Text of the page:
ELTE scientists at the centre of palladium history
One of the metals most commonly used in the pharmaceutical sector as a catalyst is palladium, which is able to form diverse chemical bonds. The Suzuki-Miyaura coupling reaction based on a palladium complex (for which a Nobel Prize in Chemistry was awarded in 2010) is now widely used in drug research. However, palladium, like other metals, is expensive and toxic, and the pharmaceutical sector needs catalysts that can produce large quantities of active substances even in a very little amount, and offer a cheaper and less toxic alternative. That is why researchers have been searching for transition-metal-free methods of conversion for a long time.
Recently, it caused a lot of excitement when such a solution emerged, promising a breakthrough in the field. Scientists received the news with scepticism and started putting the extraordinary statement to a test in their own laboratories instantaneously.
The fastest, however, were the staff members of the ELTE Diagnostics and Therapeutics Excellence Programme and the Institute of Chemistry. Based on their previous research,
they were the first in the world to demonstrate that palladium is still responsible for the cross-coupling reaction,
but this metal was present in the original conversion in such a small quantity and so randomly that it could not be detected with the analytical methods used by the developers of the procedure.
Although their article published in the columns of Nature Catalysis in December 2021 sheds light on the problems of catalysis research, its real significance can be attributed to something else. A group of ELTE scientists, led by Zsombor Gonda, Zoltán Novák, and Gergely Tolnai, proved it to the world that the Suzuki reaction can also be carried out in the presence of a “homeopathic” amount of palladium used as a catalyst. Moreover, this small amount can be present in the reaction in various forms even if researchers do not expect it. This finding makes the process of chemical conversion healthier and more cost-effective, which is exactly what the modern pharmaceutical industry is striving for.
Palladium in the laboratory of ELTE Faculty of Science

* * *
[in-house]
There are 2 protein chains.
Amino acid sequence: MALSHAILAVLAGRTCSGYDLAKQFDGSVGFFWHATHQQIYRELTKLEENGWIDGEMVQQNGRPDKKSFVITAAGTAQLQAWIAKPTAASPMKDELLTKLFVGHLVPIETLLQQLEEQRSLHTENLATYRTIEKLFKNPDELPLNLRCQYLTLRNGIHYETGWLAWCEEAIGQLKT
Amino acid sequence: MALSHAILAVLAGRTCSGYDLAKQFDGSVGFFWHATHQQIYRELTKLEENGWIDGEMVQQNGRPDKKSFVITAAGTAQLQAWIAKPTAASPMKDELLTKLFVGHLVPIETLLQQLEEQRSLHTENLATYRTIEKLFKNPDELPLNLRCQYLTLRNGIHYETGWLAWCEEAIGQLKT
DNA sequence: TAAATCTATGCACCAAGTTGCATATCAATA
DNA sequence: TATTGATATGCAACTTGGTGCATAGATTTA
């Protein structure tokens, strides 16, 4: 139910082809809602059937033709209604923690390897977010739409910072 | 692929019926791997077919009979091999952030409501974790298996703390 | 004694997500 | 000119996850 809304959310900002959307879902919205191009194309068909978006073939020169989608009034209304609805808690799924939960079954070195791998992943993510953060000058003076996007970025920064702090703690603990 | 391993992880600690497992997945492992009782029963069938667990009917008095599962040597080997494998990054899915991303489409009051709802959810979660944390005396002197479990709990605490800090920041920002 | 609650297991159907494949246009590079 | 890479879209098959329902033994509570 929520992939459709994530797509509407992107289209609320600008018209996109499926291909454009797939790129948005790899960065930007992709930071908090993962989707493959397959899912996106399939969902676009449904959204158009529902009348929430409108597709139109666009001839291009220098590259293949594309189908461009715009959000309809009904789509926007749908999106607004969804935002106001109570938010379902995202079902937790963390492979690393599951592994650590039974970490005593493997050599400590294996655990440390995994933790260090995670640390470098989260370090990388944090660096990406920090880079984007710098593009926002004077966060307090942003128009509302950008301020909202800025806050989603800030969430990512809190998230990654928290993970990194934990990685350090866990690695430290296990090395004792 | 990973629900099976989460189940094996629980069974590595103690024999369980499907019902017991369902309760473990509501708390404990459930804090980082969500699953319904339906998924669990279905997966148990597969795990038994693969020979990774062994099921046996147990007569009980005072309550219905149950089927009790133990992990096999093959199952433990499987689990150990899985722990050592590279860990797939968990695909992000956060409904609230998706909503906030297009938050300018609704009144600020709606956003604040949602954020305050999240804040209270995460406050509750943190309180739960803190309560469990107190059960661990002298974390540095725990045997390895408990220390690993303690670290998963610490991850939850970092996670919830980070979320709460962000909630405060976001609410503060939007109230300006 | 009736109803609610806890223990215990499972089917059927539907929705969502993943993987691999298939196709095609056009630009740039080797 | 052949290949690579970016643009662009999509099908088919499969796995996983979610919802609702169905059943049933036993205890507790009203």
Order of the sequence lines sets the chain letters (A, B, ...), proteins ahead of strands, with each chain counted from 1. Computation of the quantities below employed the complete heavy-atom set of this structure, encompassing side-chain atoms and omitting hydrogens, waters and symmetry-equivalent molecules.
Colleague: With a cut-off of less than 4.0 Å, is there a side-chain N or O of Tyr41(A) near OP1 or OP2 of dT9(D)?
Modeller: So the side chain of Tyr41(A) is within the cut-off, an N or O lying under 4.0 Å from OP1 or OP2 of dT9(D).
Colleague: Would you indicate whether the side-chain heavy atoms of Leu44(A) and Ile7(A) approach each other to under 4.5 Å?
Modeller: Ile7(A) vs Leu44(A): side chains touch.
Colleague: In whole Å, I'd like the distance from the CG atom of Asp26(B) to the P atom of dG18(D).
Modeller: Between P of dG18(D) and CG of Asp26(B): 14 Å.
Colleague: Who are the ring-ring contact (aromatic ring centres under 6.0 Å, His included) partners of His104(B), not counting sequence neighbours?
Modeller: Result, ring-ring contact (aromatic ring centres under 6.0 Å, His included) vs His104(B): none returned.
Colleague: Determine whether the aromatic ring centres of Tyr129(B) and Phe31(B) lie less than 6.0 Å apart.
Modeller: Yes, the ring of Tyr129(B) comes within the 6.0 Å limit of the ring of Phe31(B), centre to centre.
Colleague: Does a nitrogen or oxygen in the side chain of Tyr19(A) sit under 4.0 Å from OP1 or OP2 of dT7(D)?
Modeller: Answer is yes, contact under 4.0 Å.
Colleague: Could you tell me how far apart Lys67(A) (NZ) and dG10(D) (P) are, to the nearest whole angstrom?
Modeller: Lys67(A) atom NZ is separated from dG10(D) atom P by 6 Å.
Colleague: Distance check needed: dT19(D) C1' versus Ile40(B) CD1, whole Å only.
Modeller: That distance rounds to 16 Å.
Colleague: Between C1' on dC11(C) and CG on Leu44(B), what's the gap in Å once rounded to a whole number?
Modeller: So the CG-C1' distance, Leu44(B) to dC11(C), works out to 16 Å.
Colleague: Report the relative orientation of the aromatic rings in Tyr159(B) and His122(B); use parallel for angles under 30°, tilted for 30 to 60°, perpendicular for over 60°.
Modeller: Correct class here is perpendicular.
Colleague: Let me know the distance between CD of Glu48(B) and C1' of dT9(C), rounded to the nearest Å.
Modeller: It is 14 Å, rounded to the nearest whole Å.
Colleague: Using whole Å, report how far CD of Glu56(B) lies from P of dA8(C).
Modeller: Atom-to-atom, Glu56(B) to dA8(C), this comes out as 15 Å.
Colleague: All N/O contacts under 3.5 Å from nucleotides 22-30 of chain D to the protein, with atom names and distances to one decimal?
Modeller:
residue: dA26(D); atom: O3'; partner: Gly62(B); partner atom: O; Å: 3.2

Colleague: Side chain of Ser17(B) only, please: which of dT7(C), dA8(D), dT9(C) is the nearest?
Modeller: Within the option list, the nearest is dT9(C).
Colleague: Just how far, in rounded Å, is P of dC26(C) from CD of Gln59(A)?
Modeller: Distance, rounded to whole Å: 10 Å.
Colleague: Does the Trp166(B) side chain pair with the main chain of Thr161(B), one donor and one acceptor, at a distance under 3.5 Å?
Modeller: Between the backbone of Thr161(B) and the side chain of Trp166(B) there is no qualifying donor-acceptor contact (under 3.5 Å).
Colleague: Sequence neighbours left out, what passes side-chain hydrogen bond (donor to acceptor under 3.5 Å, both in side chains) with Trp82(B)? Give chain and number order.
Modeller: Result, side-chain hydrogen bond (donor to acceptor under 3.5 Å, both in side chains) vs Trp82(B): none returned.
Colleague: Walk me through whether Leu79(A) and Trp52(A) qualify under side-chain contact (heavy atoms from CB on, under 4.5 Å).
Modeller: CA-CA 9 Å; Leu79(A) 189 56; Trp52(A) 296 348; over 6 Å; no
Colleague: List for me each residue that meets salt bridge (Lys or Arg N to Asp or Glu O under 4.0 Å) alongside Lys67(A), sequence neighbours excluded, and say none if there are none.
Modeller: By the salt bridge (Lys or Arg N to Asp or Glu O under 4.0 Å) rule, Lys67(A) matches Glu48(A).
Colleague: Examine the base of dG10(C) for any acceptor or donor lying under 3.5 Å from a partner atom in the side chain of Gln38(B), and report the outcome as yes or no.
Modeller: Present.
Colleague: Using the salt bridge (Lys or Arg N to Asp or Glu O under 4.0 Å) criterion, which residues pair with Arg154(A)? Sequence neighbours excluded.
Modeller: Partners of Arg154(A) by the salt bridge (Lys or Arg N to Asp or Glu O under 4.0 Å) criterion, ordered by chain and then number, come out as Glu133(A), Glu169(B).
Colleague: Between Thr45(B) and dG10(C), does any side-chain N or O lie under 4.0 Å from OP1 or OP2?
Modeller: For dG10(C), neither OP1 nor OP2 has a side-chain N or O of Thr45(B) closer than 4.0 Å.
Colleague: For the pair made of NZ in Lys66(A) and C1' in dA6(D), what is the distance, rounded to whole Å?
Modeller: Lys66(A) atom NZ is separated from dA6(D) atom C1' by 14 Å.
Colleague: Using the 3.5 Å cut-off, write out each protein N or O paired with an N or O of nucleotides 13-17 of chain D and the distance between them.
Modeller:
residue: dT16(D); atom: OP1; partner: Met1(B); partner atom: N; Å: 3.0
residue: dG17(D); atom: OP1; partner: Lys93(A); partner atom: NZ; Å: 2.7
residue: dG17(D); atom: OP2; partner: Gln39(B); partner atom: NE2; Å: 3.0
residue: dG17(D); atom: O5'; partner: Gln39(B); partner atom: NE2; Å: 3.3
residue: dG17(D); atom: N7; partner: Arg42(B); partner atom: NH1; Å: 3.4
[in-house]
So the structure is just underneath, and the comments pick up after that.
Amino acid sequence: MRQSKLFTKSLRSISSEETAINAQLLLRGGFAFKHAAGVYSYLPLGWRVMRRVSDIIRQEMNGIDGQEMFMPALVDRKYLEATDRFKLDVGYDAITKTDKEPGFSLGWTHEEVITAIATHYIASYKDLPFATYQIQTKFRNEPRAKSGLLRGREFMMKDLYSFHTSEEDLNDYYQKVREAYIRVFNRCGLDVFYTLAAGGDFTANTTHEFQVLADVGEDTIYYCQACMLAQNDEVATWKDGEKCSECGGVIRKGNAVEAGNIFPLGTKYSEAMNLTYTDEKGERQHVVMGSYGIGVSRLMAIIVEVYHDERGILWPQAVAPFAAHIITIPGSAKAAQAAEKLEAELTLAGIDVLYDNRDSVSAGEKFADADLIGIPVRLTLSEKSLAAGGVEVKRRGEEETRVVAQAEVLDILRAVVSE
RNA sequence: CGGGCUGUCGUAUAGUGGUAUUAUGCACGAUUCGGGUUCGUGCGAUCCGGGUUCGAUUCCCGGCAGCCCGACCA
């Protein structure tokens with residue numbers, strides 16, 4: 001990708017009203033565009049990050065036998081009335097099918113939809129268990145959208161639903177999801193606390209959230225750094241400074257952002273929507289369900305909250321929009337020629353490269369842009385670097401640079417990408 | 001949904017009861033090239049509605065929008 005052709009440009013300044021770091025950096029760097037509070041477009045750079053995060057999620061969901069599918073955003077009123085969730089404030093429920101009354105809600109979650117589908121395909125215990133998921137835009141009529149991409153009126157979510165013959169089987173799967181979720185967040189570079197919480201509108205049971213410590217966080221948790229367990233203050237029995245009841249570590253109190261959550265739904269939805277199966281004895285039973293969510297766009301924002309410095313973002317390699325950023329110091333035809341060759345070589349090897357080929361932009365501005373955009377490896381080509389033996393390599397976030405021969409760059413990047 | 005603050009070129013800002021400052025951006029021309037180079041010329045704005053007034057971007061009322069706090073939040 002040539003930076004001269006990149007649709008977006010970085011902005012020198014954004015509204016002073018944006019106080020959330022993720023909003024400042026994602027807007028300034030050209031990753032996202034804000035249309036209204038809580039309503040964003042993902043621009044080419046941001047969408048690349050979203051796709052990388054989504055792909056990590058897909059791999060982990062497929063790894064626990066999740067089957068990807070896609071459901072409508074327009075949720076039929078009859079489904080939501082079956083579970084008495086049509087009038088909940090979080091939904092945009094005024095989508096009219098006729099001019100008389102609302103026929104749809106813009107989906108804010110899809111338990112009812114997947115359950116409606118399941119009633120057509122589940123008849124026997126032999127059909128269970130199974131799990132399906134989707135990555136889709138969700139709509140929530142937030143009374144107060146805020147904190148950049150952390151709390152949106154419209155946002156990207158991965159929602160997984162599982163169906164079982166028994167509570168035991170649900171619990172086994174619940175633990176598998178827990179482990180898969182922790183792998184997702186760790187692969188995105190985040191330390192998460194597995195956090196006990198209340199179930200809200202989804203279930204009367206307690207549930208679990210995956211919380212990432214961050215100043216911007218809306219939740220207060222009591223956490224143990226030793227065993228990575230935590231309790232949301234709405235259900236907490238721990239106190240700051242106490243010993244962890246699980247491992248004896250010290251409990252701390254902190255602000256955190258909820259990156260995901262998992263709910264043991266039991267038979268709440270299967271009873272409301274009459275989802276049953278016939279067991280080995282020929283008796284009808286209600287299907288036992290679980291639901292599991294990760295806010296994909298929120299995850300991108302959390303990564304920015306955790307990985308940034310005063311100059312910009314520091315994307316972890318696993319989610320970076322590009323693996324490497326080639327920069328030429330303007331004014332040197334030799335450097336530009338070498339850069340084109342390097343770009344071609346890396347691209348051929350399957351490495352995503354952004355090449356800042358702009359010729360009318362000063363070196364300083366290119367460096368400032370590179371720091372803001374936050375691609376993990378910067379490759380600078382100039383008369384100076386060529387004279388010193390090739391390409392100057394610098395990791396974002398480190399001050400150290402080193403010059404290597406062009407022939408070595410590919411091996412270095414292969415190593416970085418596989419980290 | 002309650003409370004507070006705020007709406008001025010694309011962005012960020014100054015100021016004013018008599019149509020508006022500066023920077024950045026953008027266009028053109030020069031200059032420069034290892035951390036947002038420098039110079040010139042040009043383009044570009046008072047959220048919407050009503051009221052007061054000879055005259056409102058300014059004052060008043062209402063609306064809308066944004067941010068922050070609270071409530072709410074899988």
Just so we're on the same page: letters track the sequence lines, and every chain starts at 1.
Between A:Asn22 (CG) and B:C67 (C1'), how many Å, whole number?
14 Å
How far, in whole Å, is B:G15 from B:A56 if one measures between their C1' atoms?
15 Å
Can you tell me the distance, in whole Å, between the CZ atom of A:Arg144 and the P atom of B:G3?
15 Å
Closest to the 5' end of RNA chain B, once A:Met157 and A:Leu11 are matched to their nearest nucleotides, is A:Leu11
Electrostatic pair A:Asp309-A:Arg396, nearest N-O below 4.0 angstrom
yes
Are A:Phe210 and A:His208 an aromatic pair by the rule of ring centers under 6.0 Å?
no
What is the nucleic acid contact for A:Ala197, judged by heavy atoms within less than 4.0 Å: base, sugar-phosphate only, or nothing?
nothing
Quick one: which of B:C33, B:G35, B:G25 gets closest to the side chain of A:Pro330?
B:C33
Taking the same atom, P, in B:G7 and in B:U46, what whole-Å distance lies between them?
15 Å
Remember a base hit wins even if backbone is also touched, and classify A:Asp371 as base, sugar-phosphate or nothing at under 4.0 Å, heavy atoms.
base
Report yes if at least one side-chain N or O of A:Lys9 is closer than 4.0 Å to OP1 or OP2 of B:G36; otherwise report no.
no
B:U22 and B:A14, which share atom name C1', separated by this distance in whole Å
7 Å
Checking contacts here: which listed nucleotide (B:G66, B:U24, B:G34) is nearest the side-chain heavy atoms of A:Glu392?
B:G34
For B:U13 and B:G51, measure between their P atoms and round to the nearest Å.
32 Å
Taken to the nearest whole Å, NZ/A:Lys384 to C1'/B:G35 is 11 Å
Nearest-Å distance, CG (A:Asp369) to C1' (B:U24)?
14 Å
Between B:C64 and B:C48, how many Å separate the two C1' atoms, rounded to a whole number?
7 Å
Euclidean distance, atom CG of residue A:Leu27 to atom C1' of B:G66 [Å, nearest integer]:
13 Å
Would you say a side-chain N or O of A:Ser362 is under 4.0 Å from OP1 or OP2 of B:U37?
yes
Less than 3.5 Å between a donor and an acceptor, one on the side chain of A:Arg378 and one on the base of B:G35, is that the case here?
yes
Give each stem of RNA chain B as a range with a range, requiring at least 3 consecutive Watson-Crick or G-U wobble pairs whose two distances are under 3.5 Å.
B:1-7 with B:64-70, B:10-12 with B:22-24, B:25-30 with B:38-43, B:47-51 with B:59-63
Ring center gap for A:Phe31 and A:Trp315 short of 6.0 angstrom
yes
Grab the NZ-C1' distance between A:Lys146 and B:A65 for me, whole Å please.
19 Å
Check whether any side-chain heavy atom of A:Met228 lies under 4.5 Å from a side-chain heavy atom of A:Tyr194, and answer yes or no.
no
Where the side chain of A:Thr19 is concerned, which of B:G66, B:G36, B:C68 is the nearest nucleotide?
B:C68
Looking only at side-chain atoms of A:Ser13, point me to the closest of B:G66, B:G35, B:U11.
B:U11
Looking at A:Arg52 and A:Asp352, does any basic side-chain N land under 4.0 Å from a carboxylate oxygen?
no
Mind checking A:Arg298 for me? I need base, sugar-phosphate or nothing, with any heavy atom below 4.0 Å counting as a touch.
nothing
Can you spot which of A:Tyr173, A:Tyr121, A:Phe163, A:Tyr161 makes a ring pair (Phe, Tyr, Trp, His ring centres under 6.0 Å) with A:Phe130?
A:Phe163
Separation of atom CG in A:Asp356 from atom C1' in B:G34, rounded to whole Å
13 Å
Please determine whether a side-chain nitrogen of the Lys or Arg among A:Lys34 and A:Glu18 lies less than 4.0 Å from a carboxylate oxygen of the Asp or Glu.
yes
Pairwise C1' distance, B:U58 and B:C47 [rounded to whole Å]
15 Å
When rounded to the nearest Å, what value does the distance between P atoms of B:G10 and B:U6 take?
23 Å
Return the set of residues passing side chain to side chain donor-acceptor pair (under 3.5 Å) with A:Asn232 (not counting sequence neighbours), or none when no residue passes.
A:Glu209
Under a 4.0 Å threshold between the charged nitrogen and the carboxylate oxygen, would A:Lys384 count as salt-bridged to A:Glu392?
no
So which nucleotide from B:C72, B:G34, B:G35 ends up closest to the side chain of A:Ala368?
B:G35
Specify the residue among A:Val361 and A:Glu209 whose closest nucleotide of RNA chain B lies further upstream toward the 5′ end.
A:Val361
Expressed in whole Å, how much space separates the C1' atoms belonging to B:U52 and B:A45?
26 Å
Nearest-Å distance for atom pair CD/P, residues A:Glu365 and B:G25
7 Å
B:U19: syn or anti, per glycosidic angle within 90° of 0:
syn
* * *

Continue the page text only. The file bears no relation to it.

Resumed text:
The article authored by the Hungarian researchers shortly became the No. 1 read in the profession worldwide. Their working paper was already in the top 2 percent of all scientific papers ever published, and the research was soon praised in the scientific journals Chemistry World and Chemical Engineering News.
On 16 June 2022, Nature published a long and comprehensive article entitled Why chemists can't quit palladium? in which the history of the use of palladium was summarised. The article discusses in detail the decisive role Hungarian scientists had in the developments. According to them, ELTE chemists have already made a significant contribution to palladium research that is at the forefront of chemical sciences worldwide, and now they have prepared guidelines for determining the form and quality of the real catalyst. They used a new method to produce the hypothesised catalyst, which was purified several times, and the conditions of the conversion were also controlled. In this way, they managed to refine their outstanding paper very quickly and reliably, and they even found that
the material described there as a catalyst was actually just a carrier for a particularly effective catalyst,
which, however, could also be used in itself.
For the time being, palladium cannot be replaced with any other material and researchers have to accept that this silvery-white metal – no matter how expensive and toxic it is – is currently indispensable for the catalysed process. However, even a very small amount of it is enough for the process of conversion to start. One of the practical benefits of this finding can be expected in the pharmaceutical sector and in the pesticide industry, where the so-called Suzuki-type reaction is widely used, and thus they still need palladium in large quantities.
“Our new method makes it possible to filter out new catalysts that often produce false-positive results in the early stages of research. In this way, we can effectively obtain new types of catalysts, or even improve the efficiency of the previous ones up to several orders of magnitude,” adds Assistant Professor Gergely Tolnai, one of the leaders of the research team at ELTE.
Source of the image: Fabio Buonocore / Nature